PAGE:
He left the window and approached her. Fera looked up at him. He was smiling at her. Heat swept up from the soles of her feet to the top of her head. Her knees buckled. The room spun. Then he put his hand on her shoulder and it took all her effort to keep upright.
‘I was a weak fool,’ he said. ‘And I’m sorry.’ She gazed into his eyes, unable to look away. His hand was so big and warm and it sent little zaps of wonderfulness through her body. ‘No longer will you be scrubbing floors and pots and pans. Now you will be relegated to the great hall, tending to myself and my men, and of course any lady who should visit these parts. You will also earn a wage and no longer sleep with the rest of the servants. You’ll have your own room.’ He released her. ‘What do you say to that?’
Fera opened her mouth, shut it. For a moment she was at a loss at how to respond. She dipped into a low curtsy. Lord Tyron laughed and Fera’s heart pounded at the sound of it. She smiled back.
Her room was a level below Lord Tyron and his knights and on the other side of the keep. It was basic, little more than a nook with no door, but for the first time in her life she had privacy and it was Lord Tyron’ s gift. She no longer had to deal with Cook Weira or Analise. Now she answered to Henry. Every day she tended to Lord Tyron, cleaning his room, drawing his bath and when she served him meals he would always look at her and smile.
But rarely anything more than that.
Like a good lord and gentleman, he kept her at arm’s-length. Only once did he meet her in the garden for a brief chat, to see how she was faring and if she was enjoying her new quarters. She could feel the other servants’ eyes on her as they strolled together. She heard their whisperings, knew the rumours; it wasn’t proper for a simple maid to be treated so familiarly by a lord. Fera ignored them. Let them be jealous.
As she gazed up at him amid the flowers, her heart swollen to bursting, she couldn’t help but feel a little heartsick. Didn’t he care for her at all?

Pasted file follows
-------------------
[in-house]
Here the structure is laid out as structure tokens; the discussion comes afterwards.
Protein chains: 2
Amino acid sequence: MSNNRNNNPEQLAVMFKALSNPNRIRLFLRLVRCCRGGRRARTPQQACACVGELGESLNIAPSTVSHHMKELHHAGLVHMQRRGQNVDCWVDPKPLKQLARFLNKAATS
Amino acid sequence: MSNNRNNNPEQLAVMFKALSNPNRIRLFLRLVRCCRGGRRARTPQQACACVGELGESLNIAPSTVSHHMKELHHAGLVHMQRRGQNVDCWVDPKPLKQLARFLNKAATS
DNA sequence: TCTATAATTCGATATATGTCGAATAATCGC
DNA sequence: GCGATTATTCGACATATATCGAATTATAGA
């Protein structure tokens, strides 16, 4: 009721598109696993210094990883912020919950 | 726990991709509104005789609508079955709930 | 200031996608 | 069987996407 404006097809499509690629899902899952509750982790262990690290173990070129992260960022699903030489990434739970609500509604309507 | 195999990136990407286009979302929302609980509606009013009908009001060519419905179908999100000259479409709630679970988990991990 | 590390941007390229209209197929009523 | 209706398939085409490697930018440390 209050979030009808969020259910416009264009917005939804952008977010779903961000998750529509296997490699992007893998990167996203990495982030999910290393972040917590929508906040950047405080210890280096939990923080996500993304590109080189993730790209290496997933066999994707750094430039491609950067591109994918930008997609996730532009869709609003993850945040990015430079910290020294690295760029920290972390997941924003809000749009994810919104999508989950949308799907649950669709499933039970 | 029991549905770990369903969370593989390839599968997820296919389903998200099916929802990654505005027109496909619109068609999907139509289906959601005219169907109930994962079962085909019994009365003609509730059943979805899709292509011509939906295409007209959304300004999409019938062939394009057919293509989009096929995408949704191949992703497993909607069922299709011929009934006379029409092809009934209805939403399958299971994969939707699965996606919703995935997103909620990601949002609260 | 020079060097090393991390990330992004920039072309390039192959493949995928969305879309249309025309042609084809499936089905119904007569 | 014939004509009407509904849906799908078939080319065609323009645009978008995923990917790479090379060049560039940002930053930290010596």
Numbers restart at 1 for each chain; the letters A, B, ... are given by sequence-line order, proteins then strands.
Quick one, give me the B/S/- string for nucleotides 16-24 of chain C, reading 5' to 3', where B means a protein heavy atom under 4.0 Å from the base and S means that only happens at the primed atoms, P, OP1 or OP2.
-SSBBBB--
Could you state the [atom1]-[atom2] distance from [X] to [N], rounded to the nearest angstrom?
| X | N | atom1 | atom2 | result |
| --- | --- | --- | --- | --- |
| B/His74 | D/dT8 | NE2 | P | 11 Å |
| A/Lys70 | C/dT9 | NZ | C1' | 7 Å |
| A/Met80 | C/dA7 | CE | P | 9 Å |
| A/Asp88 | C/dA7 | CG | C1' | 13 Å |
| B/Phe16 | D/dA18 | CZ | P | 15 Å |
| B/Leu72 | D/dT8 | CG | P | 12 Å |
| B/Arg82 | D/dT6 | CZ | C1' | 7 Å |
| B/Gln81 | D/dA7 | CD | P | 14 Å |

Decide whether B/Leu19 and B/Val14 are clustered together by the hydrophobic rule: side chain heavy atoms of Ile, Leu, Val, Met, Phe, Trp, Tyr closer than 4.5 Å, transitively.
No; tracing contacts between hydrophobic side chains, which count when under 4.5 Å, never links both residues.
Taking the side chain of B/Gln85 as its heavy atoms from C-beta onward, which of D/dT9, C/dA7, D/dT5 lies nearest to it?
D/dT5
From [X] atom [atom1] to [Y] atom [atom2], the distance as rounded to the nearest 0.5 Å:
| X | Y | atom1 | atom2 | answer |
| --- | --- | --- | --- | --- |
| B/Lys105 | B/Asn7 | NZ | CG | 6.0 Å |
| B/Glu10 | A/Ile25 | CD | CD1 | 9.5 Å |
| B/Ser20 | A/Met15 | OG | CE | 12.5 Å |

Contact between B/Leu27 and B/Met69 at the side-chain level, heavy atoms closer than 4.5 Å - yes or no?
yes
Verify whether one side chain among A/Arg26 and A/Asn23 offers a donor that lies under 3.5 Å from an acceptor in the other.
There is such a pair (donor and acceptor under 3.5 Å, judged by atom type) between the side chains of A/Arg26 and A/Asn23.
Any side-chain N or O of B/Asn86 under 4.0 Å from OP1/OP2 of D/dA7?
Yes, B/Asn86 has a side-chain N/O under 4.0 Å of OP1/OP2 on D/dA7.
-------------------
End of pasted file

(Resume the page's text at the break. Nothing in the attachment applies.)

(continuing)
‘What’s wrong?’ He frowned, his hair gleaming in the sunlight. ‘You look a little sad.’
Fera shrugged and turned her head, willing herself not to cry.
Lord Tyron watched her a moment, then took her chin, forcing her to look up at him. He gazed down on her, his eyes dark as he stroked her cheek with his thumb. ‘The last thing I want is for you to be sad.’ And he kissed her on the forehead.
Later that night Fera sat on her pallet, touching her cheek where he touched her, touching her forehead where he kissed her. She felt so hot and agitated. She couldn’t take anymore!
Dressed in only her shift, she slipped on her shoes and padded lightly through the keep. It was dark and quiet, most asleep except for the guards patrolling the walls. It was a big castle and she climbed several stairwells and passed innumerable doors. Grabbing at her arms, she picked up her pace, anxious she might be discovered.
She stared at Lord Tyron’s door, trembling, heart pounding so hard she found it difficult to breathe. At least she was alone. Henry no longer sat at his door. With Lord Tyron well again he no longer needed to be at his master’s beck and call.
Fera pushed the door open, wincing as it creaked, and slipped inside. Moonlight streamed through the open window, though she had no need of the light, knowing his room too well. She tiptoed over and stood beside his bed. She held herself more tightly, gazing at his still figure.
She teetered with indecision, filled with terror, desire, anticipation. Finally, she released a shuddering breath and slipped between his sheets.